Chris Bryant MP: Why I am not leaving the Labour Party

You need a team to win a match, a crowd to move a mountain and a movement to change the political weather.

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I’d be lying if I said my phone has been ringing off the hook, but I’ve certainly had a fair few texts, emails and WhatsApp messages asking whether I’m joining the seven who left the Labour Party today.

Some of the more tedious ones have come with a nasty dollop of homophobic abuse in a barely-concealed attempt to force me out. I’ve enjoyed telling them, “Stop flirting!”

Others have come from friends who want this to be a moment of great political realignment because they feel politically homeless. They hope that the Brexit ruptures in the Conservative Party will lead to an even more profound recasting of the political landscape. They’ve been disappointed – in a couple of cases, angrily disappointed – when I’ve said I’m going nowhere.

But that’s the truth. I joined the Labour Party in 1987 (well, I tried in December 1986, but Wycombe Labour Party said they’d run out of 1986 membership forms so I had to wait till the new year). I’ve been a councillor and an MP, I was an organiser for the party and I’ve raised money for the party under several leaders, including Jeremy.

I’ve also been infuriated by someone or other in the party nearly every month I’ve been a member. But this is my party. I am determined to be part of making it work better as the vehicle for people's hopes and aspirations and I will fight for it to tackle the great injustices of poverty, racism, inequality and prejudice.

Most of the messages have been from journalists, constituents and local party members asking where it is all going. And the truth is, I haven’t the foggiest. It has to be said, I’m not a great political prognosticator at the best of times. I thought Cameron would win a majority in 2010, that David would beat his brother Ed, that Hilary would be president and Yvette would be leader. So I’m no Mystic Meg, and it’s just as well I’ve never been a betting man.

But then, I’m not a commentator, I’m an MP. It’s not my job to guess the future, but to try and frame it. I’m there to bend the arc of history, not describe it.

In the end politics is about three interlocking things: your fundamental values and beliefs; the way you articulate them and turn them into policies; and the alliances you build to deliver them. The thing is, that last bit about alliances matters just as much as your fundamental values. Unless politics is just about listening to the sound of your own voice or getting something of your chest, you have to work with others to get results. We achieve far more, as they say, by our common endeavour, than by going it alone.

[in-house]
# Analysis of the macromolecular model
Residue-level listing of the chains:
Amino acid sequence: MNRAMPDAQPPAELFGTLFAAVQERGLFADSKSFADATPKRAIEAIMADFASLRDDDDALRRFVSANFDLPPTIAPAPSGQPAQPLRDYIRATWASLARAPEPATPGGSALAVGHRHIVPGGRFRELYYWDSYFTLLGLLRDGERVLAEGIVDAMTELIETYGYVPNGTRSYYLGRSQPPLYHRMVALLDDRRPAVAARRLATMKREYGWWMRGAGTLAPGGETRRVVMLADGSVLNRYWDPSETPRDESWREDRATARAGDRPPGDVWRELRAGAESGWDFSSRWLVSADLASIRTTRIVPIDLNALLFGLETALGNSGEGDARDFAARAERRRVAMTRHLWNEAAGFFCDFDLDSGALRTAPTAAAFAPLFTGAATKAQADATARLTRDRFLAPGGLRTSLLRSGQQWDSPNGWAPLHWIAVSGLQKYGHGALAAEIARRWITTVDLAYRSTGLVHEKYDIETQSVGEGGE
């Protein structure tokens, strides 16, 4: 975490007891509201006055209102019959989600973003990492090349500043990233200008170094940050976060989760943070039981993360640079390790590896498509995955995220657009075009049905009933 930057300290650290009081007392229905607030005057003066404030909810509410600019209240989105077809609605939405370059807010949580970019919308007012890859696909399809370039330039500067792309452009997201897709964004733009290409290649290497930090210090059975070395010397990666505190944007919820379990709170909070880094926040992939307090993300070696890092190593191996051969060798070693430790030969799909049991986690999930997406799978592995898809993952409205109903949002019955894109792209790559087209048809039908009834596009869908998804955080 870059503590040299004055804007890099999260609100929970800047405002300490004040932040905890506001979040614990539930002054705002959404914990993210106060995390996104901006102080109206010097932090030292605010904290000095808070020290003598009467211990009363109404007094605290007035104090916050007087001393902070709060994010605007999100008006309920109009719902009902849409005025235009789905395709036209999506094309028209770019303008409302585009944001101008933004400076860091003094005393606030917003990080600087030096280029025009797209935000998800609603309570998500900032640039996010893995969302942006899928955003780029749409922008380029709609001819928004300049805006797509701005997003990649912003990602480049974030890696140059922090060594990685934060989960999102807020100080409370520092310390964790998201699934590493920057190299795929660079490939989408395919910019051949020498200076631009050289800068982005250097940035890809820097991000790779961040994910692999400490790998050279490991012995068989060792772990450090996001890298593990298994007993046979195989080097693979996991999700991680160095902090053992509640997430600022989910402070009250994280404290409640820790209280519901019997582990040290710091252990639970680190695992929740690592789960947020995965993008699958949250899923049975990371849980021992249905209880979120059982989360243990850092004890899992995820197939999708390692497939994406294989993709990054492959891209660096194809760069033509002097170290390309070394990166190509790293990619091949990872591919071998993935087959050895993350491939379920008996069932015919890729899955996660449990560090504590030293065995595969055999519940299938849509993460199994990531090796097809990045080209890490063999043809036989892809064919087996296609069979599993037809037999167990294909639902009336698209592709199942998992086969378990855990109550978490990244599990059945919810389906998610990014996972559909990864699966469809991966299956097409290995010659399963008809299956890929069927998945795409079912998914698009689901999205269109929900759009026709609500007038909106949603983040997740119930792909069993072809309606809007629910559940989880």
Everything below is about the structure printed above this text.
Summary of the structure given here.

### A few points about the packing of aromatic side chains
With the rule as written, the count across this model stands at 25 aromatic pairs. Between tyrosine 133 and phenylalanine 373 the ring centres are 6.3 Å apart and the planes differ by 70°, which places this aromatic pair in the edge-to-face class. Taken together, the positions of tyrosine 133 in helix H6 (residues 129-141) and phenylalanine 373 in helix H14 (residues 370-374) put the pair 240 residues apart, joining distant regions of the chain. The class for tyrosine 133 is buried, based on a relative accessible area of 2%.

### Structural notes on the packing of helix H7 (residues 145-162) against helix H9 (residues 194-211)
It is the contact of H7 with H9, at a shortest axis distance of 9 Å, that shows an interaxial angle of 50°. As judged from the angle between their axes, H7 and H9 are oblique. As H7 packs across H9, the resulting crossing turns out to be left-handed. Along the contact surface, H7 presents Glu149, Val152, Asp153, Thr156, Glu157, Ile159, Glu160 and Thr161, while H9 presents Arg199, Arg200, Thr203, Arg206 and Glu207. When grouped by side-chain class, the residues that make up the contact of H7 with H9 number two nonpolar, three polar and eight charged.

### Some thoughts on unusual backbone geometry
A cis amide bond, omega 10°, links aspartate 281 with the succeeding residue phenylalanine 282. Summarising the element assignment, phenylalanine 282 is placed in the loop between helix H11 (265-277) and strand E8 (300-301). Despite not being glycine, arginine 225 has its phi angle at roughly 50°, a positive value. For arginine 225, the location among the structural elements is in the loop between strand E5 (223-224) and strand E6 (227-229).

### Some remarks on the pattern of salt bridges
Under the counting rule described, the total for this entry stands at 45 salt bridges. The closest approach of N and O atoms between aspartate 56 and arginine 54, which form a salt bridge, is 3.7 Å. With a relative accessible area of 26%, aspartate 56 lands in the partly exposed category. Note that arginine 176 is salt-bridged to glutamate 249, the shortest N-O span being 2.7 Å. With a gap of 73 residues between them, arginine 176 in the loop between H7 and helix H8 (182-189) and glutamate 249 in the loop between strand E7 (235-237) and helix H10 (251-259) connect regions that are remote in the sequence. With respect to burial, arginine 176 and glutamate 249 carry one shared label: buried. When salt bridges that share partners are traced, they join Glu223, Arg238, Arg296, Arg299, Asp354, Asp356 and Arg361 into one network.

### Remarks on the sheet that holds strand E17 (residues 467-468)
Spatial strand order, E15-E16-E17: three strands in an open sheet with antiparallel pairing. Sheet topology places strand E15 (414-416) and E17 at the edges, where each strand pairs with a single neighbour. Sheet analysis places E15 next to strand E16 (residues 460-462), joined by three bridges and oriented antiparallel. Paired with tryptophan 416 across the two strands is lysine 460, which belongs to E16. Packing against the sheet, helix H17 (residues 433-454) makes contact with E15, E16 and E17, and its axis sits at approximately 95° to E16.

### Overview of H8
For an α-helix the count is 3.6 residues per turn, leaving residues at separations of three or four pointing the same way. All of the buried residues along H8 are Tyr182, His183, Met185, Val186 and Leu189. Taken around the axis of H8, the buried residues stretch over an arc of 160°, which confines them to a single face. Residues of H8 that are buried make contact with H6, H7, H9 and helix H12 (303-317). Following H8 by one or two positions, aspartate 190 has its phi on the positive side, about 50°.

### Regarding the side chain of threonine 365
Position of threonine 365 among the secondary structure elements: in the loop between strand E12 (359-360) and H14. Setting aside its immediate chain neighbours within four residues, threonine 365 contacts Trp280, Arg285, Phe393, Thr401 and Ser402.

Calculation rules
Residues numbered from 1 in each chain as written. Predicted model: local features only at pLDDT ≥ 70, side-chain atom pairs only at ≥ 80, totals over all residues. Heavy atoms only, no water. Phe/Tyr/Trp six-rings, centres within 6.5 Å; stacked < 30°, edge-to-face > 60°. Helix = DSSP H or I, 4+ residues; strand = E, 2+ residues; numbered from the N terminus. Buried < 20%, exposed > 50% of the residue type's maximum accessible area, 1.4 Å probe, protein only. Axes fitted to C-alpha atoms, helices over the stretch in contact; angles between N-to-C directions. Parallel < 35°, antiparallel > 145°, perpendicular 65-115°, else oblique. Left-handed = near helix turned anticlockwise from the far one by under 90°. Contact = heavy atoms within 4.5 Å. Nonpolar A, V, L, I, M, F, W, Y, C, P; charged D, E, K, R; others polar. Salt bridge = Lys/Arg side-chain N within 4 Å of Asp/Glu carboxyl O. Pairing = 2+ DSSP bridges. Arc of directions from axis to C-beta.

Sometimes that means not just putting up with strange bedfellows for a while, but shacking up long-term with people you don’t always agree with or even like. In order to get my new law protecting emergency workers through parliament I had to recruit Tory support, including from Philip Davies.

That’s why I prefer big tents when it comes to politics. You need a team to win a match, a crowd to move a mountain and a movement to change the political weather.

But politics has become so vituperative of late that alliances, even the great alliances that have shaped our two main parties, have been fractured by distrust. Everything’s a “betrayal”, MPs and judges are “traitors”, mild criticism is attacked as “open warfare” and social media are full of wild allegations, horrific personal abuse and endless misspelt threats.

Labour has a special role to play at this moment in our nation’s history. We need to make a superhuman effort to be generous, warm and magnanimous, because it’s only if we can widen our appeal, and strengthen our bonds to those outside our party, that we can ever hope to win votes in the Commons at this critical juncture, let alone win a general election. So I’m going to continue seeing Luciana, Chris, Chuka and the rest as allies.

Above all, I feel sad today. It’s not just that we will miss the late Paul Flynn, possibly the most pro-European lefty in the party or in parliament, though we will. It’s not just that it’s never good to lose old comrades. It’s just that I fear chaos on the left always plays into the hands of the right – and the far-right are just waiting to mount their takeover of the Conservatives.